Unfortunately it seems that on the whole the organic growth has not been maintained in such a way that most people in a local church are being discipled.

    I think it’s an issue that deserves much thought and energy to be corrected and if this post makes that happen then I’m pretty stoked about that. I just think the semantic discussion leaves it open to being sidetracked a bit from the real root issue.

    1. JR.,
      I had commented to Donald earlier that language is important.

      As believers, I think we should be hyper-aware of this fact. Mentor is a secular word, often used in business settings. It means something different.

      I do believe that discipleship is not occurring, at least on some small scale, because words like “mentor” are being used.

      The language used is, of course,
      not the root cause for the lack of discipleship in the church. However, I think it is a small portion and a symptom of the greater need.

      People do not understand what discipleship truly is and therefore throw around words like mentor. It is also a sign of the church yielding to the culture in my opinion.

      Your thoughts?

  8. I think we have a habit of using words today that are more familiar. People seem to think that discipleship is too (dare I say it?) Biblical. So, like all modern things, we use a more familiar word…mentor. It may mean the same thing to different people.

    I don’t have a “mentor” per say, but I do have a band of brothers that hold me accountable. Some people may call that mentoring, I call it discipleship.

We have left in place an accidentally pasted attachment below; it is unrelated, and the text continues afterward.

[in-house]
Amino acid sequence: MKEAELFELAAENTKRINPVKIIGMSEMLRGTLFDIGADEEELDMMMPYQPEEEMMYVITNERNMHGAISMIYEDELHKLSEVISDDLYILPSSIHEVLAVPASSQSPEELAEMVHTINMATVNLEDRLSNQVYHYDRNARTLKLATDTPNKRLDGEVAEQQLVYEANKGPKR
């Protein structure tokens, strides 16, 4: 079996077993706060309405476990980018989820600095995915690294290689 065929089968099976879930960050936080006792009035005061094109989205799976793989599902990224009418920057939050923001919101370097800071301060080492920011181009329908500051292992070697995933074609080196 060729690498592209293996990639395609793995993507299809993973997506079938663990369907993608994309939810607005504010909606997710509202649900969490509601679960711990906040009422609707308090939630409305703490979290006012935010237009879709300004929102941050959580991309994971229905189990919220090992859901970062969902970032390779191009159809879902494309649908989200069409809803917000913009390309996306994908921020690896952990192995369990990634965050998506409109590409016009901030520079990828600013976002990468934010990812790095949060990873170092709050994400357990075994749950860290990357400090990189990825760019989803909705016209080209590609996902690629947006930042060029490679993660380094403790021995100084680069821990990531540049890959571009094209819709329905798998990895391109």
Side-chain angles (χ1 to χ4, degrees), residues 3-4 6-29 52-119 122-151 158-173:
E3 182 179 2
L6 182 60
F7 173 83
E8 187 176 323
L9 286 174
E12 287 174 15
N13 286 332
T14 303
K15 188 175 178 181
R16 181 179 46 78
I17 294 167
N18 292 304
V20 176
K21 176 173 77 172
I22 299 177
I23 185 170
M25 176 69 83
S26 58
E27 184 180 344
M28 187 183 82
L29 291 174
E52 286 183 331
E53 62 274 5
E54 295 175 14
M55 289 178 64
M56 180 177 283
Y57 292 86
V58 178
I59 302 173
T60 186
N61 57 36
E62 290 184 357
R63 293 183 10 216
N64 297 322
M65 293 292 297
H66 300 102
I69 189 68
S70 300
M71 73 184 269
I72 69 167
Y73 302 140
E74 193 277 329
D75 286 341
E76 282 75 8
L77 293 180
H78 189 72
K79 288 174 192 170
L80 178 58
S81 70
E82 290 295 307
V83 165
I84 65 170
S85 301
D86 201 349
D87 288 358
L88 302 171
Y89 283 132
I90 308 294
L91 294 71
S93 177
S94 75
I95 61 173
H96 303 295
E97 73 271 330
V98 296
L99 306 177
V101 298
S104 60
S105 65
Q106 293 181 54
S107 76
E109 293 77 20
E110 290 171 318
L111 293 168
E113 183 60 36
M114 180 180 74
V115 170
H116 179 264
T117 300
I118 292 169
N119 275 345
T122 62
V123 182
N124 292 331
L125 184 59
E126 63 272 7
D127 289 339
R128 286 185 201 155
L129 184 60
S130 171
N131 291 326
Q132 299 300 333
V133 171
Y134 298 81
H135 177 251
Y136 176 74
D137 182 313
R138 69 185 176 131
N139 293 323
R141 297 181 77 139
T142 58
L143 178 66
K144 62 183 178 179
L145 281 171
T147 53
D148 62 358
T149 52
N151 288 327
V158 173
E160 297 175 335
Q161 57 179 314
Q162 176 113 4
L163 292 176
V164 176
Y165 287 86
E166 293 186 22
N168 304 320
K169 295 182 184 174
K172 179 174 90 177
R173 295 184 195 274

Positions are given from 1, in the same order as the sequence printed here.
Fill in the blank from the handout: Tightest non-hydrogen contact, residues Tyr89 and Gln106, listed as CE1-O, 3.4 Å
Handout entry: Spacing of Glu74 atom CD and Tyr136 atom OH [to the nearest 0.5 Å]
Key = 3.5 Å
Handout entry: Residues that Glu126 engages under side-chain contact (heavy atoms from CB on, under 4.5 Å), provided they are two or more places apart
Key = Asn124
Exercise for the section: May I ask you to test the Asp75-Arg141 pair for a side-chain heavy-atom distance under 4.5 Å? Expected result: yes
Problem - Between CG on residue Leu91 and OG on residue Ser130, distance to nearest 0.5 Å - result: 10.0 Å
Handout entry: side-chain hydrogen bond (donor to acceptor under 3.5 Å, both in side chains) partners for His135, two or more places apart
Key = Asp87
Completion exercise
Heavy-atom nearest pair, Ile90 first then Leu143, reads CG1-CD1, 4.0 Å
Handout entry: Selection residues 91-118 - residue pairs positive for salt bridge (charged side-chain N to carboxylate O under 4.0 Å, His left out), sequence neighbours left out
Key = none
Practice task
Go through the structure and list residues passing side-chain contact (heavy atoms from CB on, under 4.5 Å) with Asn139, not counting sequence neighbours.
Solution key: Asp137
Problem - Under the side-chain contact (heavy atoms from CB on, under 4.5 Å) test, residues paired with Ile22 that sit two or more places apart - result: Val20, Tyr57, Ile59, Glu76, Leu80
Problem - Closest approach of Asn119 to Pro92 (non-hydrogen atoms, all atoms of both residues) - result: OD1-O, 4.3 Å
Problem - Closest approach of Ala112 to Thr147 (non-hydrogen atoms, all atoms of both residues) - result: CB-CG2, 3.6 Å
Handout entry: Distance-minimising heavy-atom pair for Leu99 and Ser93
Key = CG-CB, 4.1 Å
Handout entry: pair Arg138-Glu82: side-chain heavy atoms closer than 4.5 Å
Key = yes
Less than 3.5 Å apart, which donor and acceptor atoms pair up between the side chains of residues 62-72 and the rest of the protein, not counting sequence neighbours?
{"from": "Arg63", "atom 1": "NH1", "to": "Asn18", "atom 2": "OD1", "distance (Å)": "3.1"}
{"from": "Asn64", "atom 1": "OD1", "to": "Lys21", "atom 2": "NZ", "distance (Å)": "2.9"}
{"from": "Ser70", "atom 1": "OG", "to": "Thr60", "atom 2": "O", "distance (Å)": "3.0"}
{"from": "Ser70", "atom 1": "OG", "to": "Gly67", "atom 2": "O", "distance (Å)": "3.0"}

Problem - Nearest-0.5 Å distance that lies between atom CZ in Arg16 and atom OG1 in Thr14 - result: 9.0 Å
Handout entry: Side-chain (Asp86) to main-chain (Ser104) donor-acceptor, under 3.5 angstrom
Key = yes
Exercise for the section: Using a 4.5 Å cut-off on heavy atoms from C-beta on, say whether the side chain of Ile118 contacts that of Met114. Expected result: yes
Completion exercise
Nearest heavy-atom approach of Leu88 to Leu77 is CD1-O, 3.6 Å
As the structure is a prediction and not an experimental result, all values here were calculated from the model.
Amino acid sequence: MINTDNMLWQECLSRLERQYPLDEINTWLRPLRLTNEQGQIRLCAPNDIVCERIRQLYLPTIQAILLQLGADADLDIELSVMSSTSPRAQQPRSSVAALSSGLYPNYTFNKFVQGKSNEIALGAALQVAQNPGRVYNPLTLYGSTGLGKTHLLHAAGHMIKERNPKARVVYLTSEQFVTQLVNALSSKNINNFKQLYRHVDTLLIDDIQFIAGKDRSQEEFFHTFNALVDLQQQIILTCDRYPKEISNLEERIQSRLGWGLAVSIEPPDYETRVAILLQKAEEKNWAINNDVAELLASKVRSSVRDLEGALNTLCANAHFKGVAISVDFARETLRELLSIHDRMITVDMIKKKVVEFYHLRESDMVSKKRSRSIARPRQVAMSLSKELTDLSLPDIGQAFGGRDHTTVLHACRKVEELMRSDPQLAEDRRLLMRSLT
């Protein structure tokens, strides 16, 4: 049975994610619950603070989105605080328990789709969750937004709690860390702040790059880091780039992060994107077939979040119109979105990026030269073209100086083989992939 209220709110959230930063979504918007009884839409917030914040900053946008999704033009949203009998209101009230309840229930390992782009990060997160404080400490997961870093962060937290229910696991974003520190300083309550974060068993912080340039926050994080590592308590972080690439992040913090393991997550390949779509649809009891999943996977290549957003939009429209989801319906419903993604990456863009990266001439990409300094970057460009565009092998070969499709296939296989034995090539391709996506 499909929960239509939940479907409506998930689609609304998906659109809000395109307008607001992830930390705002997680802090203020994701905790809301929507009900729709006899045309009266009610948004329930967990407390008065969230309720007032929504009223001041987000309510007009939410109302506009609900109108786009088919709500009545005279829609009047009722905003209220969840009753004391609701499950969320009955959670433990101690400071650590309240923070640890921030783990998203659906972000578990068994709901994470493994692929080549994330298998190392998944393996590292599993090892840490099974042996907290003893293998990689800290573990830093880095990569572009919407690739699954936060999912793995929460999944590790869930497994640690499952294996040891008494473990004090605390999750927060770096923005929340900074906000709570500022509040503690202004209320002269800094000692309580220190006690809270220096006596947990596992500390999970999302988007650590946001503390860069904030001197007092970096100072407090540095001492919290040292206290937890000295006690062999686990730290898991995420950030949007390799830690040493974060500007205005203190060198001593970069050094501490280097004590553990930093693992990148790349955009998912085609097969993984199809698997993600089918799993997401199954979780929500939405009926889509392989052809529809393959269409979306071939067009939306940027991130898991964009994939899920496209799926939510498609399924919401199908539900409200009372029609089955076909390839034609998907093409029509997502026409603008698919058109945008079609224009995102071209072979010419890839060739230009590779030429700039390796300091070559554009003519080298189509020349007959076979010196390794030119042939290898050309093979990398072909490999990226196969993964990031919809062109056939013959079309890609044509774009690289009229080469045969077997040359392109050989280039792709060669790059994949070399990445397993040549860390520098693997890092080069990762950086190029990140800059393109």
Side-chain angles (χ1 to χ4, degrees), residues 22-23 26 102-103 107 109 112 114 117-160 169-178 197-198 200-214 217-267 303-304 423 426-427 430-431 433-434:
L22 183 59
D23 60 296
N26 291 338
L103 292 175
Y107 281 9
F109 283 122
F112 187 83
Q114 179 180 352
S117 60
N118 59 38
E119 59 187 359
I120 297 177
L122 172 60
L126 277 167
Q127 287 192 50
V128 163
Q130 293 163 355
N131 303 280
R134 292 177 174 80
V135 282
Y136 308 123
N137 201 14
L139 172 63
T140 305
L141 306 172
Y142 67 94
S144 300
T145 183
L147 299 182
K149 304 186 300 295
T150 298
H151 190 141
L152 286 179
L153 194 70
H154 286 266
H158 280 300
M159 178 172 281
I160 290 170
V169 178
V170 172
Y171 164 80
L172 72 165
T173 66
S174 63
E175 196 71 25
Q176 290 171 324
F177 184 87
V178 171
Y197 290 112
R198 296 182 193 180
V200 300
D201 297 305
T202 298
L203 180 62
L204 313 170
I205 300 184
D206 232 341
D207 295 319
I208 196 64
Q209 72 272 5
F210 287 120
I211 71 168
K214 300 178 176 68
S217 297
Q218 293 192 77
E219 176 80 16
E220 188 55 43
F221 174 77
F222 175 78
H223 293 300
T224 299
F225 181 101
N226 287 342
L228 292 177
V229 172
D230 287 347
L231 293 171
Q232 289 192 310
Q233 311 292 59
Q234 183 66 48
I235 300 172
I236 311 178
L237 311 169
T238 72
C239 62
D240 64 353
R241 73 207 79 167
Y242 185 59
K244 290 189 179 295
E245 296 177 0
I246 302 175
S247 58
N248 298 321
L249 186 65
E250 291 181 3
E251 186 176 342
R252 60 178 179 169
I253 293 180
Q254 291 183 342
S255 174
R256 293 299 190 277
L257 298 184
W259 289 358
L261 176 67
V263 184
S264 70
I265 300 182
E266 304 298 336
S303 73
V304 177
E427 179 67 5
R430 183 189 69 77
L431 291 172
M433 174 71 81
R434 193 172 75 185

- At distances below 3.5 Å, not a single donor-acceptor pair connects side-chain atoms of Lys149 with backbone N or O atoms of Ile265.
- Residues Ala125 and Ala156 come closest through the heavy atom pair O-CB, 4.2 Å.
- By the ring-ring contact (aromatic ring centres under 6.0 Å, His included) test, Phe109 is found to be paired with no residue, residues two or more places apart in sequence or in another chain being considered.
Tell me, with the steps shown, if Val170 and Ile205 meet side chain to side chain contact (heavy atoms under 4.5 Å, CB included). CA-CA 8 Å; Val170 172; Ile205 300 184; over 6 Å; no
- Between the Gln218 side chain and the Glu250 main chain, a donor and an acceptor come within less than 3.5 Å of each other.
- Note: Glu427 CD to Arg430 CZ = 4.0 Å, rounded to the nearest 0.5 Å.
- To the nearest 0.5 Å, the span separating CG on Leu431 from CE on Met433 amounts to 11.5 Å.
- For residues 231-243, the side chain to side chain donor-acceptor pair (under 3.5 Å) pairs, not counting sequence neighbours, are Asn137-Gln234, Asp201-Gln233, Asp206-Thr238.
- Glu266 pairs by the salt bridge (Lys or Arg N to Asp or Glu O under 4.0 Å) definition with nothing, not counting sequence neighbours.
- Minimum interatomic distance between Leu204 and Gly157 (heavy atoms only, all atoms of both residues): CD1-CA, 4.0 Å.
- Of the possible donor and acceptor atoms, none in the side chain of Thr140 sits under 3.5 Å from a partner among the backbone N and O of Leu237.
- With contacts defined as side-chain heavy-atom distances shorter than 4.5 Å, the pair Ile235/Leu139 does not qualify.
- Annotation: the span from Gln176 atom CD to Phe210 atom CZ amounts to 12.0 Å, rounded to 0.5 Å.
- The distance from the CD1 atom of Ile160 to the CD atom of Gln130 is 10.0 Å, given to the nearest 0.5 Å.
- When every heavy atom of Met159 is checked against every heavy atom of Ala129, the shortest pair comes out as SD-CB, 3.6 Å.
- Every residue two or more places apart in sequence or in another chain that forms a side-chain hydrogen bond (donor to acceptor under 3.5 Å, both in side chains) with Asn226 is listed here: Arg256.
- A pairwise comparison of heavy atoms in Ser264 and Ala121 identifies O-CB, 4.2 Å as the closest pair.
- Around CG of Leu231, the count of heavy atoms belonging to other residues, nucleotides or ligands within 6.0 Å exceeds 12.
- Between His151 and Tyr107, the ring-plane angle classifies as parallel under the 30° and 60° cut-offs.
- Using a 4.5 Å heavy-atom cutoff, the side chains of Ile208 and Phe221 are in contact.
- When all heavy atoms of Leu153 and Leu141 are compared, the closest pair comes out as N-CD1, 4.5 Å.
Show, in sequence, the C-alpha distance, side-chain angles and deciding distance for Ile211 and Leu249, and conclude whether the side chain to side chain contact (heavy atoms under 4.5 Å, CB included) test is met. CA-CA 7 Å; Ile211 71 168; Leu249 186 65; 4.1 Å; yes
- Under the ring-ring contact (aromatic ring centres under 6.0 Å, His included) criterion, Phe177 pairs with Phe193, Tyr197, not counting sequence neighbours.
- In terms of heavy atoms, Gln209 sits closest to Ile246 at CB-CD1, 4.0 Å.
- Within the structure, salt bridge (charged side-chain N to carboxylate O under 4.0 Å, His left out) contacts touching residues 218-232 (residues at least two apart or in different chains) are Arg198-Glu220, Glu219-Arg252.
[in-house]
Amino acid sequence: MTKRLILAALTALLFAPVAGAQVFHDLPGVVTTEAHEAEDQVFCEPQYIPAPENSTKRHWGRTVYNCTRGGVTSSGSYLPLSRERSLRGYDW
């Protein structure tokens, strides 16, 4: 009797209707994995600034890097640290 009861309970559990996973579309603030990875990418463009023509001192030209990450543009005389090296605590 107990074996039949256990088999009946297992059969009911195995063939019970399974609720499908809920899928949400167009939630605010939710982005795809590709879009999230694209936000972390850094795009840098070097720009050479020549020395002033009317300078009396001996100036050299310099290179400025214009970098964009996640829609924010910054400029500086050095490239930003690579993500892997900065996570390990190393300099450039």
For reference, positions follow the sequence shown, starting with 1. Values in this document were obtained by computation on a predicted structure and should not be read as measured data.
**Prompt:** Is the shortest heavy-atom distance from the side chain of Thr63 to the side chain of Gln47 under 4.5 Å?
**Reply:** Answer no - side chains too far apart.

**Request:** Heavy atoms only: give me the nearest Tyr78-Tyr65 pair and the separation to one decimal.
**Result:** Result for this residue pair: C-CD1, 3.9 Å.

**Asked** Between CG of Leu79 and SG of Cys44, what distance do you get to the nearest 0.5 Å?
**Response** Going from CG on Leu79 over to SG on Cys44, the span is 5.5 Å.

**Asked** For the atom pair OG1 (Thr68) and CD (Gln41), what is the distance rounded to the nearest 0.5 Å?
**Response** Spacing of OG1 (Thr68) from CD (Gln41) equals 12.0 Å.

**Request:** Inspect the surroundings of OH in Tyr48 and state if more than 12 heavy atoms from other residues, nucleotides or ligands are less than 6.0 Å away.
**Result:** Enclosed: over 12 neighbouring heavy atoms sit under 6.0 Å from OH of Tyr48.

I think what matters most is the end result of the “mentoring”. If mentoring looks like discipleship, I’m all for it.

    *you can argue that some people “disciple” and do a poor job at it and it may look more like “mentoring” than true discipleship.

    1. I think your comment Moe just raises the question–What is Discipleship? Which I’ll be writing about on Thursday.

      I don’t think the church has a real grasp on the concept. People define it differently from church to church, individual to individual.

      I find issue in using the two words interchangeably. For one thing, it undermines the authority Christ gave us to “go and make disciples” if we can so casually replace the idea with a more comfortable “modern” word, as you point out.

      But maybe that’s just me…

  9. It may just be me, but I think of being mentored as a temporary situation. A person who is there to guide you until you get your feet on the ground and are able to continue on your own. Sure the relationship may continue later to a somewhat lesser degree…but it’s usually for a specific purpose or benefit. To reach a goal or to introduce you to a new skill.

    Being discipled is a lifetime engagement. You never reach the end. You may reach the point where you begin to disciple others (as you should), but as there is always someone older and wiser than you and we will never reach the end of what the Lord has to teach us, we will always be disciples.